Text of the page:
The Central Bank of Iceland was not obliged to delete information that the bank seized during a search of Samherji’s house, and the bank had a legal obligation to provide the information to the district prosecutor. This is stated in the ruling of the Data Protection Authority on the complaint of Þorsteinn Mar Baldvinsson, CEO of Samherji.
These are data and information that the Central Bank obtained through a house search in 2012. These included electronic data, such as Þorsteinn Mar’s e-mails, information about his finances, and more. Porsteinn was summoned to report to the Director of Tax Investigations regarding the so-called Samherji documents, where the data was presented to him. The Director of Tax Investigations had received the data from the District Prosecutor, but he received the data from the Central Bank.
The ruling states that Porsteinn considered the delivery of this data a violation of the Privacy Act and that the Central Bank was obliged to delete the data after the bank’s investigation of Þorsteinn Mar and Samherji had ended.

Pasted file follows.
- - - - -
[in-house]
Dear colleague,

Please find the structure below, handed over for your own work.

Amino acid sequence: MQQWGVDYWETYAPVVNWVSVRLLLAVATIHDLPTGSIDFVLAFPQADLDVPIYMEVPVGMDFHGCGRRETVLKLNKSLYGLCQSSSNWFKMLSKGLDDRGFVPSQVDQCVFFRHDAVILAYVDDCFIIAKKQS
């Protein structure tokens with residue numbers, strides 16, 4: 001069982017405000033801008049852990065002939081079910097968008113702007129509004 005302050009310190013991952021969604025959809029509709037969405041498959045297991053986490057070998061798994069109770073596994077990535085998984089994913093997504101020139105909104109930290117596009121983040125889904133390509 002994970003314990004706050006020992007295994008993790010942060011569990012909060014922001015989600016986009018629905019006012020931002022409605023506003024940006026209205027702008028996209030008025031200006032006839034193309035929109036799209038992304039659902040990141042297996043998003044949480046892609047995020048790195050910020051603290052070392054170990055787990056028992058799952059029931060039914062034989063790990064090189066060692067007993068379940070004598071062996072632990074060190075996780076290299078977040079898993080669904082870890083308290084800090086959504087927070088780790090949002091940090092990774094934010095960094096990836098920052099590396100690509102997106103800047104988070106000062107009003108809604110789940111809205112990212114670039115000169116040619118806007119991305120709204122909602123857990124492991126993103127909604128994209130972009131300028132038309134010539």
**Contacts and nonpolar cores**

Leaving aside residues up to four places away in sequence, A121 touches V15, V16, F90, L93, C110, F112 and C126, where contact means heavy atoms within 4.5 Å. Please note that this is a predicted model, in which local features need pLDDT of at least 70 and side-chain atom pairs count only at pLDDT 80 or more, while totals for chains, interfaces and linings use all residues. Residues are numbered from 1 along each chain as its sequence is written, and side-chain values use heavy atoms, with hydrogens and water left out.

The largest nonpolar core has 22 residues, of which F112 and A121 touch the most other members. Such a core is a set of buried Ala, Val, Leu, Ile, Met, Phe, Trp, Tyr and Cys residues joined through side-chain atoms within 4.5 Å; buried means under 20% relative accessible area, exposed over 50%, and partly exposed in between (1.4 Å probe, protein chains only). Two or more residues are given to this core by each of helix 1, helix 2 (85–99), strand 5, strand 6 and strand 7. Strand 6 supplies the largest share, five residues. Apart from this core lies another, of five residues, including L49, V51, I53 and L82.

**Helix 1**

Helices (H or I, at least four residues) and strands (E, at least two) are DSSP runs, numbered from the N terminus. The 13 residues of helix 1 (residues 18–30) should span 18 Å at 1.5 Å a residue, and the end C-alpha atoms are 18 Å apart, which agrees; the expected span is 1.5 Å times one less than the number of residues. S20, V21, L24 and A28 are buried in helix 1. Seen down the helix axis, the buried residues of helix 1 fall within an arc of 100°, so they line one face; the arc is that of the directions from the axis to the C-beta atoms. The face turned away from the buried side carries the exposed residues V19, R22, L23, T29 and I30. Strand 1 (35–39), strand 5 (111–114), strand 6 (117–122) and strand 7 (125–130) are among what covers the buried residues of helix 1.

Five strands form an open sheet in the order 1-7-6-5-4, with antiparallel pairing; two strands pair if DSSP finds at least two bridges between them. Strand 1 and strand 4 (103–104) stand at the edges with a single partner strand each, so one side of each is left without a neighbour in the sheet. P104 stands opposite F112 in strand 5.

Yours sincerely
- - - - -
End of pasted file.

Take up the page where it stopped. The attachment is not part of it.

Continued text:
Porsteinn also demanded that the Data Protection Authority goes into the collection of information and data on what conditions or criteria had been in the district court that authorized the search, for a search of Samherji’s house and whether those criteria had been violated. Then it would be necessary to examine exactly what data was involved. It was unclear from the Central Bank’s answers what documents were still in the Bank’s custody.
The case of the Central Bank, Samherji, and Porsteinn Mar ended when the Supreme Court annulled a fine of ISK 15 million against Samherji and Porsteinn for alleged violations of foreign exchange laws. The bank was subsequently ordered to pay Porsteinn Mar ISK 2.5 million in damages.
The Central Bank’s response to Porsteinn’s complaints states that the data on him and Samherji had been stored and that only a handful of the bank’s employees had access to them. The preservation of the data was based on law and that the bank is an independent institution owned by the state, which must hand over its documents to the National Archives. The bank was also obliged to hand over the documents to the district prosecutor.
“In the Central Bank’s view, the delivery of the data was at once lawful, clear and made for objective purposes, as it was the opinion of the District Prosecutor’s office that the data could have probative value in the current investigation of [Samherji]’s cases,” the ruling states.